---------------------------------------------------This case is based on a case study written by Marianne Jennings in her 2008 version of our textbook. It has been modified significantly through use of the following references: Herper, M. (2001) Cipro, Anthrax and the Perils of Patents Retrieved from: (Accessed on 3/31/2012) Jennings, M. (2008) Business: Its Legal, Ethical, and Global Environment, 8th Edition. South Western Educational Publishing, 01/2008. p. 74. Jernigan, D, et. al. (2002) Investigation of Bioterrorism-Related Anthrax, United States, 2001: Epidemiologic Findings EID Journal Vol. 8, No. 10 Retrieved from: (Accessed March 31, 2012) GMWatch (n.d.) Retrieved from: (Accessed March 31, 2012) Holmes, P. (2001) Bayer Responds to Cirpo Crisis The Holmes Report. Retrieved from: (Accessed March 31, 2012)

Why an International Code of Ethics would be good for Business.docx September 11, 2001. . . to this day we can all recall where we were and what we were doing. Not since Pearl Harbor had the United States been under direct

attack by an enemy of our country. We turned a corner on that day, and life will never be the same. The Bayer/Cipro controversy considers the duties of a company in time of national crisis, terrorist attacks, and time of war. Does anything change for business during a time of national or international crisis relative to its core mission of returning a profit to its owners? Should a business consider social needs and responsibilities in addition to or to the exclusion of the needs and expectations of its shareholders in such a situation? Specifically, does the Bayer Credo--"... We believe that our technical and commercial expertise involves responsibility to work for the common good and contribute to sustainable development" guide the company as to what its social responsibilities should be with regard to its Cipro product in a time of crisis?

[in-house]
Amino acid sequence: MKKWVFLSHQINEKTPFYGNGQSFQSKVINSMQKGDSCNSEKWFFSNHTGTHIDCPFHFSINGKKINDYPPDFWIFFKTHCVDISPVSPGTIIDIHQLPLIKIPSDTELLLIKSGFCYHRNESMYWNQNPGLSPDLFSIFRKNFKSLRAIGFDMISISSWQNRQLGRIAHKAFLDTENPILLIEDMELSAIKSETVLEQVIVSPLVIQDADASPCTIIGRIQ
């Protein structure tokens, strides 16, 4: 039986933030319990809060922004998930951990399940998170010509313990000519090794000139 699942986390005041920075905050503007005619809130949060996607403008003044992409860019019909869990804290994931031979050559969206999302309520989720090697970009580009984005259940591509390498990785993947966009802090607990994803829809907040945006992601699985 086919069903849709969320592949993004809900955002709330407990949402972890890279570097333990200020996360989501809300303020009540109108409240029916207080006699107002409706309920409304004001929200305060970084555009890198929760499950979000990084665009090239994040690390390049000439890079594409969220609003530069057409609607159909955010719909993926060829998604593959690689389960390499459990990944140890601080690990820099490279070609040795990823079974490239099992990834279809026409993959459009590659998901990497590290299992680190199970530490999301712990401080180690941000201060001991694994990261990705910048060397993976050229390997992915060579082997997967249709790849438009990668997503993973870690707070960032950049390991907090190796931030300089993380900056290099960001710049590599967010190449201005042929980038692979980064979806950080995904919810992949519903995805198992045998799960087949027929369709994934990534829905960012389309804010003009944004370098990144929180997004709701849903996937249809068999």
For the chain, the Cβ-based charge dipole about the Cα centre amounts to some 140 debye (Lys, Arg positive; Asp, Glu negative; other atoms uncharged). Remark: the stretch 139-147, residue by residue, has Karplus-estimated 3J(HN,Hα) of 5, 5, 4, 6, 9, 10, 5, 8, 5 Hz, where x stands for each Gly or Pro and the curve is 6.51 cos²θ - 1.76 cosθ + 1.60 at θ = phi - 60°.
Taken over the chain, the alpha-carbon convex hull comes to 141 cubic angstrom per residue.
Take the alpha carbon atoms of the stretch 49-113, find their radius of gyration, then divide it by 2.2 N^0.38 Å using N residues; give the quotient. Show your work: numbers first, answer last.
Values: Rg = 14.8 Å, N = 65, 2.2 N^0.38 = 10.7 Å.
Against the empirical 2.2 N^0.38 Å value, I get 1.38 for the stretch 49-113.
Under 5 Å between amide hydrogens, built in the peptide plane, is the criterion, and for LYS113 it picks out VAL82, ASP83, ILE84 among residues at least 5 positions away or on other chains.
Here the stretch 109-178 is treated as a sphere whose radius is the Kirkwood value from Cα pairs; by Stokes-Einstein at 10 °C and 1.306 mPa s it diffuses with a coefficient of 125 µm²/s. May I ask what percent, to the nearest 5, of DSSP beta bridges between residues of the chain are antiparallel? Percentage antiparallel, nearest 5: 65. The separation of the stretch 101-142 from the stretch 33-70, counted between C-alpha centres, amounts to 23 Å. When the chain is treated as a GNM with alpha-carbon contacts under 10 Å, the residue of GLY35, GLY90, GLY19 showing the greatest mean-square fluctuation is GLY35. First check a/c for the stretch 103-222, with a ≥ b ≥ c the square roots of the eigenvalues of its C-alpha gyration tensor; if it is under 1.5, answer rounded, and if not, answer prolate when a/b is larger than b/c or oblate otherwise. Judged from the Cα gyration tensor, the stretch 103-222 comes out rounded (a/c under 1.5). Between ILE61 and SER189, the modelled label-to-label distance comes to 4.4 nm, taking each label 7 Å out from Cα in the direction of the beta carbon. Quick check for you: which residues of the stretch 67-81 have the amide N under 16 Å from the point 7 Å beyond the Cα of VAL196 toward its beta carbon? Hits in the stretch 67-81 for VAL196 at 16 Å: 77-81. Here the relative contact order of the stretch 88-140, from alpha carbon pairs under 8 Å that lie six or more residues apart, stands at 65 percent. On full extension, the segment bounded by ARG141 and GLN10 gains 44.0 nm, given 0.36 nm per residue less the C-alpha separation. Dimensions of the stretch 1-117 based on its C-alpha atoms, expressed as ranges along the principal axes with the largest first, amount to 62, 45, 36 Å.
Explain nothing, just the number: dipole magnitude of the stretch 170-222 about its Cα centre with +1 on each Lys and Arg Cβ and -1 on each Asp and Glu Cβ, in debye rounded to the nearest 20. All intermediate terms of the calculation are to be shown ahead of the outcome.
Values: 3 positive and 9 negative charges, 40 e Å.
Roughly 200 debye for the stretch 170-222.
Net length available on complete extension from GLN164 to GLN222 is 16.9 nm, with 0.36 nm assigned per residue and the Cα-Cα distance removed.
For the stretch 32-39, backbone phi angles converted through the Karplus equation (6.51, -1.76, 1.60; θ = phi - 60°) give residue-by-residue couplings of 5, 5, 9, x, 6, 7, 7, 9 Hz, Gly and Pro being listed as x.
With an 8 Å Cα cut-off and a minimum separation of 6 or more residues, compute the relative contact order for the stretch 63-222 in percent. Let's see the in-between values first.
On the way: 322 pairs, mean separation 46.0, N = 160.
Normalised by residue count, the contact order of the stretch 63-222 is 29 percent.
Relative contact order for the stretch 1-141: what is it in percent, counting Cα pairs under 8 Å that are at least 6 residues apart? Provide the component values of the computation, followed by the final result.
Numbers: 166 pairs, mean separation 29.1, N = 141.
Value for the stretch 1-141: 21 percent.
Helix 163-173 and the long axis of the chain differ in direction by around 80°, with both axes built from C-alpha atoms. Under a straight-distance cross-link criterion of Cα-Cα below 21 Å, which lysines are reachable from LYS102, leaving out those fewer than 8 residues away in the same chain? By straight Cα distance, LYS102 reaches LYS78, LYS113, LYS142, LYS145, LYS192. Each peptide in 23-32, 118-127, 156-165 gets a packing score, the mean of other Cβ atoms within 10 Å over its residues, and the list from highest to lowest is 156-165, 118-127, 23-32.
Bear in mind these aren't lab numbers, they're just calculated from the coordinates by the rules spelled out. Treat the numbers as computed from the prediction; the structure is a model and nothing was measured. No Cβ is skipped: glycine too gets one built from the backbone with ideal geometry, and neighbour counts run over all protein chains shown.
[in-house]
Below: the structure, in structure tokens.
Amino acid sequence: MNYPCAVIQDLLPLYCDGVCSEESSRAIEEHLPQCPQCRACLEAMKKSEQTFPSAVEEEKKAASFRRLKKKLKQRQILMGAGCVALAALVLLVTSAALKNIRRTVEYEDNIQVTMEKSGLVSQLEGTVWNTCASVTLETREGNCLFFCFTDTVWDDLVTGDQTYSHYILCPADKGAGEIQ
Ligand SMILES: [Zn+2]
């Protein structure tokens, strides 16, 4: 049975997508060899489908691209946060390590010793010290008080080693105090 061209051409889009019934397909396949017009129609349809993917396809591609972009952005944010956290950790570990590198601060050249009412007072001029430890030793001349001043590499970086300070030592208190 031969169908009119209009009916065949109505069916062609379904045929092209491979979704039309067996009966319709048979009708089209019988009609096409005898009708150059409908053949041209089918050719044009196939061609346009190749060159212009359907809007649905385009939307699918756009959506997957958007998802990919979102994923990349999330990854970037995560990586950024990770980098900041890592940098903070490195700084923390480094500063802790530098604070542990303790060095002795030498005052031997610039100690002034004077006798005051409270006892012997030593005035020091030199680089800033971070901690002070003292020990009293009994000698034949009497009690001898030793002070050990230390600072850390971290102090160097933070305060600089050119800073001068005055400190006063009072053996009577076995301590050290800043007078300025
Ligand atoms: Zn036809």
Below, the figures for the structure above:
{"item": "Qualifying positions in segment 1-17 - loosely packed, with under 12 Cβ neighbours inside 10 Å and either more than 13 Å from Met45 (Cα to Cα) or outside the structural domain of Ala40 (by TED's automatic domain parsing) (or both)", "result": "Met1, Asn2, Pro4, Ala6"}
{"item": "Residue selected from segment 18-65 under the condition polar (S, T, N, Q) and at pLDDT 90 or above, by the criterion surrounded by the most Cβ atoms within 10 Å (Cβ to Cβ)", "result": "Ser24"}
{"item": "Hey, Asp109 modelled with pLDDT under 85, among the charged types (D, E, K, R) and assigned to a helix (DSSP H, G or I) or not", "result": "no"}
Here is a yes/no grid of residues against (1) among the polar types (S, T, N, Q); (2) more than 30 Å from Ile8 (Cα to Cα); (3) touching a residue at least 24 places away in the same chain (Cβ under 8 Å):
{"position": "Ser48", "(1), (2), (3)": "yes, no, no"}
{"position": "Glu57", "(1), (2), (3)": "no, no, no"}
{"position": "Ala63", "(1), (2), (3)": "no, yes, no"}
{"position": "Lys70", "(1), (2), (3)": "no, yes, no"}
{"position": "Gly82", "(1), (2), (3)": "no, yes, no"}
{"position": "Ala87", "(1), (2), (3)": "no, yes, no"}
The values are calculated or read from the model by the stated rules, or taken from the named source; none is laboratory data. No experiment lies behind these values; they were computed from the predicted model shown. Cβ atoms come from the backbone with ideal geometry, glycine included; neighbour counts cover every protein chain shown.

"Our goals are to steadily increase corporate value and generate a high value added for the benefit of our stockholders, our employees and the community in every country in which we operate." To answer the question, Does anything change for business during a time of national or international crisis relative to its core mission of returning a profit to its owners? Coming from the stand point of Bayer, I assume that they still a company that still indeed needs to make it's profit, they have workers to pay, also keeping the shareholders happy, I don't see why it would change anything. They're there making the medicine, it's not like they can stop production and now people in high demand. It's more of an issue where government and other countries trying to get a piece of the money. At the end of the day, Bayer still has a company to run, and they are producing what the people needs, the unethical part would be that they Bayer quit production and with the patent, they force other companies not to be able to make the Cipro. If there was no money involve, Canada and the US Government would not care what Bayer is doing... It's wrong that Canada and US Gov. using their power to suspend a companies creation and let it go wild. Bayer's corporate values were, "Our goals are to steadily increase corporate value and generate a high value added for the benefit of our stockholders..." and they delivered on that promise with $1 billion in sales. Therefore, if you were a stockholder or any one of the many pharmacies making money off Bayer then you would more than likely have to say that Bayer did what they told the public they would do. In a perfect world, companies would not profit off of tragedies, but that's just not the way the world works. Capitalism works because there are good times and there are bad times. I don't think that Bayer should of had to give up their patents to other companies so that they could make a drug that they didn't do the research on. Companies that do research in creating a drug lose millions upon millions of dollars when that drug is in development, testing and trials. The company has to be able to recoup the money it spent in designing the drug. It's the same for the music and movie industries. Is it right for people to download music that they didn't pay for and "rob" the artist of their intellectual property? If not, then it's not right for a drug